In this blog, we will delve into DDL and its powerful role in shaping the foundations of databases. We'll use SQL statements to illustrate how this is accomplished in MySQL workbench.
- Creating a Database and Tables: In this section, we'll explore the process of creating a database and defining tables within it. we are going to create a database named UserManagement
- First, open a connection to your MySQL workbench
- After we open let's write our first script to create the database.
- The database has been created, we have to create two tables user table and a role table. Importantly begin by selecting the database to add tables to with the script below.
- Adding Columns: Discover how to enhance the structure of an existing table by adding columns. using our created tables we shall add a role_id column to the user table. The script is on line 9 in the image below.
- Modifying Columns Altering the data types of existing columns. The column we created above is varchar, it is better if it's an integer, so we shall modify our column as shown below.
- Dropping a Column of Table: Learn about the importance of managing database structures by removing unwanted columns in tables. SQL commands for dropping columns in tables will be demonstrated. using the user table we shall drop a column address with the command below
- Establishing Foreign Key Relationships: Understand how foreign key constraints link data between tables, enhancing database integrity. To create a foreign key constraint between two tables in MySQL, you'll use the ALTER TABLE statement. A foreign key establishes a relationship between a column in one table (the referencing table) and a column in another table (the referenced table). in our example, we shall use role_id as a foreign key from role table referencing the id. NB: column id must have a constraint primary key, to do that the command below is used.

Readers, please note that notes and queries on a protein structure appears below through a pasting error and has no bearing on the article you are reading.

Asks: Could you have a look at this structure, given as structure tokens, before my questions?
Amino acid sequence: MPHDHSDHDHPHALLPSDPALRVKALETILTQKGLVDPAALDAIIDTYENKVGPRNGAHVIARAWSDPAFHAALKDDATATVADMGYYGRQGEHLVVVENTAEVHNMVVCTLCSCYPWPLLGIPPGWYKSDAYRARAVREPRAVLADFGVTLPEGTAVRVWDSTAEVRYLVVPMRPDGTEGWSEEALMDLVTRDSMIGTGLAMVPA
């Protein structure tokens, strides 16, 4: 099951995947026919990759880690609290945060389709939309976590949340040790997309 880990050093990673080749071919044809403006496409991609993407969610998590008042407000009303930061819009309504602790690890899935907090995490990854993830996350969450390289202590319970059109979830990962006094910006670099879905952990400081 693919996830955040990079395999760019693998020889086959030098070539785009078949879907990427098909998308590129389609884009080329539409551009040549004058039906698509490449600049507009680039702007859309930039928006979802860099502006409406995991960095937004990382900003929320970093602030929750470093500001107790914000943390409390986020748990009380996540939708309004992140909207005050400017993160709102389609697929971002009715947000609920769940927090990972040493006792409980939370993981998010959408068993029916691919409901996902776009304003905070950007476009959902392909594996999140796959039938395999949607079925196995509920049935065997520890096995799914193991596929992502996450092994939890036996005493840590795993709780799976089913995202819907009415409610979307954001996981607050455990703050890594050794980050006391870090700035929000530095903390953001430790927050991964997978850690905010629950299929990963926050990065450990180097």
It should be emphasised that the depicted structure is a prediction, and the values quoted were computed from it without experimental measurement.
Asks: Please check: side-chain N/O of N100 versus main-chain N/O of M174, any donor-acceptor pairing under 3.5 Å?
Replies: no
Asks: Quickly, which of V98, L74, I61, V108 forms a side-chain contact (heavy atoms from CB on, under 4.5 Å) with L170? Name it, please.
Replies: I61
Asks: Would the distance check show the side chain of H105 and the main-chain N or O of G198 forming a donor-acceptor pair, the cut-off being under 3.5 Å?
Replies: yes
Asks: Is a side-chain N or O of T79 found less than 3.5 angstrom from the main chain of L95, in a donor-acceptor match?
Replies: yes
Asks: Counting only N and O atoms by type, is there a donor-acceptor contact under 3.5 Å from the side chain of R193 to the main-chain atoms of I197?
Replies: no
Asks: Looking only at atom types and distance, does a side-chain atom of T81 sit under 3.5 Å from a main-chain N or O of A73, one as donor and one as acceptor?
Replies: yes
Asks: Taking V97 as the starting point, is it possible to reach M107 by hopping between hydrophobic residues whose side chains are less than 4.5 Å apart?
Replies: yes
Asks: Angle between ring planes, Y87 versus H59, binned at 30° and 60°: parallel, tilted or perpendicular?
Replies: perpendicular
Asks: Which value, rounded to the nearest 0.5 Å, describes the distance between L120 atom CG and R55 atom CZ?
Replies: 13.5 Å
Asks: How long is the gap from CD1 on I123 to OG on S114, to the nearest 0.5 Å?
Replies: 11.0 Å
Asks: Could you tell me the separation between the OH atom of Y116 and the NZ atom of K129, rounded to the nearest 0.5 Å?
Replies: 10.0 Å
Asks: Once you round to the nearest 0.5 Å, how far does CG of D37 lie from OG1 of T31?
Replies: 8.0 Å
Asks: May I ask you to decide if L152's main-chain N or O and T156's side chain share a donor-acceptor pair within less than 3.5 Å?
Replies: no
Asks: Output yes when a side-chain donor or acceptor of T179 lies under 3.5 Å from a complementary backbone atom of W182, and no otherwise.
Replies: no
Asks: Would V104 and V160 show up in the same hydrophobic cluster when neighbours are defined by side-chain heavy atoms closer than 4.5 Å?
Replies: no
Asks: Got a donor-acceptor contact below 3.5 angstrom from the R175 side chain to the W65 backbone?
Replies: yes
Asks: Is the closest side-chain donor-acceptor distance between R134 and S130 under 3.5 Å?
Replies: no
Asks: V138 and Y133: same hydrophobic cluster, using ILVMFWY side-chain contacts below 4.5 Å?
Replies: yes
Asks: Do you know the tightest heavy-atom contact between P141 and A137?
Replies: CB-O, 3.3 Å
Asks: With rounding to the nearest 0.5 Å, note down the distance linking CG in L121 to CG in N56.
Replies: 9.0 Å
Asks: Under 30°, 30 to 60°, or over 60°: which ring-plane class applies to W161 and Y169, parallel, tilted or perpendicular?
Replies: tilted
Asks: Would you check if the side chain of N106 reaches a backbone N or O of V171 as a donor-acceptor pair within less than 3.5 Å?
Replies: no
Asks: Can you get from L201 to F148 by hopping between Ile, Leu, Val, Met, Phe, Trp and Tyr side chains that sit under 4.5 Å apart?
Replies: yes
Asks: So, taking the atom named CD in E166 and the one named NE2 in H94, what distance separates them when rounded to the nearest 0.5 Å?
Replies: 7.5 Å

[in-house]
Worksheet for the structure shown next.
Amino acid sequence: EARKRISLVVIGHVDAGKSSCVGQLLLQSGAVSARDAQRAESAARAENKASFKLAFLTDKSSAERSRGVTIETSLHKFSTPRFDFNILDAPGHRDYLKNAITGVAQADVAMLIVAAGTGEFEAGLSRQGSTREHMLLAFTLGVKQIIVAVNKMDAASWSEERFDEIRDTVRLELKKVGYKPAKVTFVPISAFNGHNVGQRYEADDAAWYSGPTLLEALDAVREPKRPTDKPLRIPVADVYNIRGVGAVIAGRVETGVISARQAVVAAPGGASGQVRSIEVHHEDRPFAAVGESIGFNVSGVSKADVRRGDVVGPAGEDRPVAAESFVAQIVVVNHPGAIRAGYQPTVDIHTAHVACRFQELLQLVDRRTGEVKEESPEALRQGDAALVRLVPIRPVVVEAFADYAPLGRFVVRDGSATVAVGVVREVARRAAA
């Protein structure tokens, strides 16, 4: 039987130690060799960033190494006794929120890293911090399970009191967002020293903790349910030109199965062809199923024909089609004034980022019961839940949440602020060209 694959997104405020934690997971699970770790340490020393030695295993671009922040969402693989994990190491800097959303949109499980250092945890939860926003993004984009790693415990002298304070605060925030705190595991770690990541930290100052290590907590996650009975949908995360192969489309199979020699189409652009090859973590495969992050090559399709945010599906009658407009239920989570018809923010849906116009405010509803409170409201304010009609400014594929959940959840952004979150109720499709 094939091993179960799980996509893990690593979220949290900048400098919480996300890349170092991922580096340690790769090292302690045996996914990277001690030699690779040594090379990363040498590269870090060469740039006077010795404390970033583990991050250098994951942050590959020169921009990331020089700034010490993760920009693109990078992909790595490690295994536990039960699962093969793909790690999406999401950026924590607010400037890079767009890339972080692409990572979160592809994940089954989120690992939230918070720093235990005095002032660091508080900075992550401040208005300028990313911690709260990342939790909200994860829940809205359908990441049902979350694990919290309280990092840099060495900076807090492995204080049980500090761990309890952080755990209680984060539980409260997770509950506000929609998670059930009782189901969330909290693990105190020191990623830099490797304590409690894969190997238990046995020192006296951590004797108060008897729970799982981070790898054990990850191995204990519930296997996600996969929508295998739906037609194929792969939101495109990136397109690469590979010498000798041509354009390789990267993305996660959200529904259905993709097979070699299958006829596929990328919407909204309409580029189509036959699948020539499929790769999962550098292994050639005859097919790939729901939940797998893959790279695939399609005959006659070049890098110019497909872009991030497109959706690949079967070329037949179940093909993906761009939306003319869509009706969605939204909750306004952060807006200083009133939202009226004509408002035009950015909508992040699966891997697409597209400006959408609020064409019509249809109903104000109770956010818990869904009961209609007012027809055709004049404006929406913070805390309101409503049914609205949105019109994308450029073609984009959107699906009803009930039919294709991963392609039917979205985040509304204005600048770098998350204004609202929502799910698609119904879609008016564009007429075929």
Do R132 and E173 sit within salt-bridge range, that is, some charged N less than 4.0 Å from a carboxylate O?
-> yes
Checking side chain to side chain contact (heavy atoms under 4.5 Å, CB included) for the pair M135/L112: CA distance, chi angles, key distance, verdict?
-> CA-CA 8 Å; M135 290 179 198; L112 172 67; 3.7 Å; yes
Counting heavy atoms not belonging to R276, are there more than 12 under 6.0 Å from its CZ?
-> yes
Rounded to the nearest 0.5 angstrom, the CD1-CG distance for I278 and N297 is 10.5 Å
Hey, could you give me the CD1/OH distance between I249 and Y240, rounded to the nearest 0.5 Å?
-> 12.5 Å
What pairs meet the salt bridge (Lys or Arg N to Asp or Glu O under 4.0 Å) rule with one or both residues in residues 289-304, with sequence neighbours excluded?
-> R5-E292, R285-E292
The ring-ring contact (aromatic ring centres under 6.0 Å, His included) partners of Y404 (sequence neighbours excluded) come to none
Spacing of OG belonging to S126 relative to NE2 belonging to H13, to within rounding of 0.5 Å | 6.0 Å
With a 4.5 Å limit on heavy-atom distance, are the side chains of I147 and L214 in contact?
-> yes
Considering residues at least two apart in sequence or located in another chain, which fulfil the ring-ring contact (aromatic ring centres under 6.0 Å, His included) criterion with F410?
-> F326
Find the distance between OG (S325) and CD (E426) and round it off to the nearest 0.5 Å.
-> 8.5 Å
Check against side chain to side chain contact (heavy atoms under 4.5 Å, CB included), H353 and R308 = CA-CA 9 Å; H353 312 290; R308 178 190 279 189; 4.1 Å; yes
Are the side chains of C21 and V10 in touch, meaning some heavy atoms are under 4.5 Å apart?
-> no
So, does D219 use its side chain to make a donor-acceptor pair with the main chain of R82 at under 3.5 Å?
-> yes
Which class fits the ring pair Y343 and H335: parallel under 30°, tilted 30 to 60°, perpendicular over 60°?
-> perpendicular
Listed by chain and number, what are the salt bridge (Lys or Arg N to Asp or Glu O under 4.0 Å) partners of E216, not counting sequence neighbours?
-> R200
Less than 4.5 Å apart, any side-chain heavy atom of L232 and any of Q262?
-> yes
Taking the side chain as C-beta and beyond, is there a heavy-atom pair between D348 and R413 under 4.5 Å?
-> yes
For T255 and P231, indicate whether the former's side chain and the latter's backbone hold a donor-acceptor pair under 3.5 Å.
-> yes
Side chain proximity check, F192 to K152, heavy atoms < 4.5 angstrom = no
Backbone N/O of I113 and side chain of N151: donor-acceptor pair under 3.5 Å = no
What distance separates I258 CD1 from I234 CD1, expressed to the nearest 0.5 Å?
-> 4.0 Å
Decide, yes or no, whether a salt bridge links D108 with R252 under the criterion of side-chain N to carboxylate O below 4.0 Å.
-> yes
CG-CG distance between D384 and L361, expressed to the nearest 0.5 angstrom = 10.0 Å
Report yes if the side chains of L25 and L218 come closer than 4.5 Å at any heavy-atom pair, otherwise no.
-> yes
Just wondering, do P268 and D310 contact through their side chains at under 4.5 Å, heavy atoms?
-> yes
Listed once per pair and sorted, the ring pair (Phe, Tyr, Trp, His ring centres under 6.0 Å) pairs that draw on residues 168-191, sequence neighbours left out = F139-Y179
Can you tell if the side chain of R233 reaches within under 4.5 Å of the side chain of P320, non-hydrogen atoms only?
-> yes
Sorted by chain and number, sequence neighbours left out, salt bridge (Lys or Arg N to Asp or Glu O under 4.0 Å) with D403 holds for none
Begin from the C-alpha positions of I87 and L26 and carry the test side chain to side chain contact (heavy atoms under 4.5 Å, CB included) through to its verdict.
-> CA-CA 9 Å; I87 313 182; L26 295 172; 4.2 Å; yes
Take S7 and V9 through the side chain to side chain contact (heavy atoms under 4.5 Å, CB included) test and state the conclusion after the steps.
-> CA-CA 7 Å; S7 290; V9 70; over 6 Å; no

After that create a foreign key constraint as shown below.
- Dropping Foreign Key Constraints: Sometimes, adjustments are needed in database relationships. We'll demonstrate how to drop foreign key constraints to accommodate changes while maintaining data integrity.
- Renaming a Table: Explore the SQL command that enables the renaming of a table, a useful operation for maintaining a consistent and organized database structure.
- Drop a table. Deleting a table that seems to be unnecessary in your database, we use the drop command. for example, we shall delete a role table.
- Summary of the commands used;
create database UserManagement;
create table user ( id int, first_name varchar(30), last_name varchar(30), address varchar(50), date_of_birth datetime , phone_number varchar(10) );
create table role (id int, name varchar(30), description varchar(50));
alter table user add role_id varchar(30);
alter table user modify role_id int;
alter table user drop column address;
alter table role add primary key(id);
alter table user add primary key(id);
alter table user
add constraint fk_role_id foreign key (role_id) references role (id);
alter table user drop foreign key fk_role_id;
alter table user rename to guests;
drop table role;
By understanding and mastering Data Definition Language (DDL), you unlock the ability to design and maintain an efficient and robust database structure. This blog has walked you through the essential operations of DDL, providing a foundation for effective database management.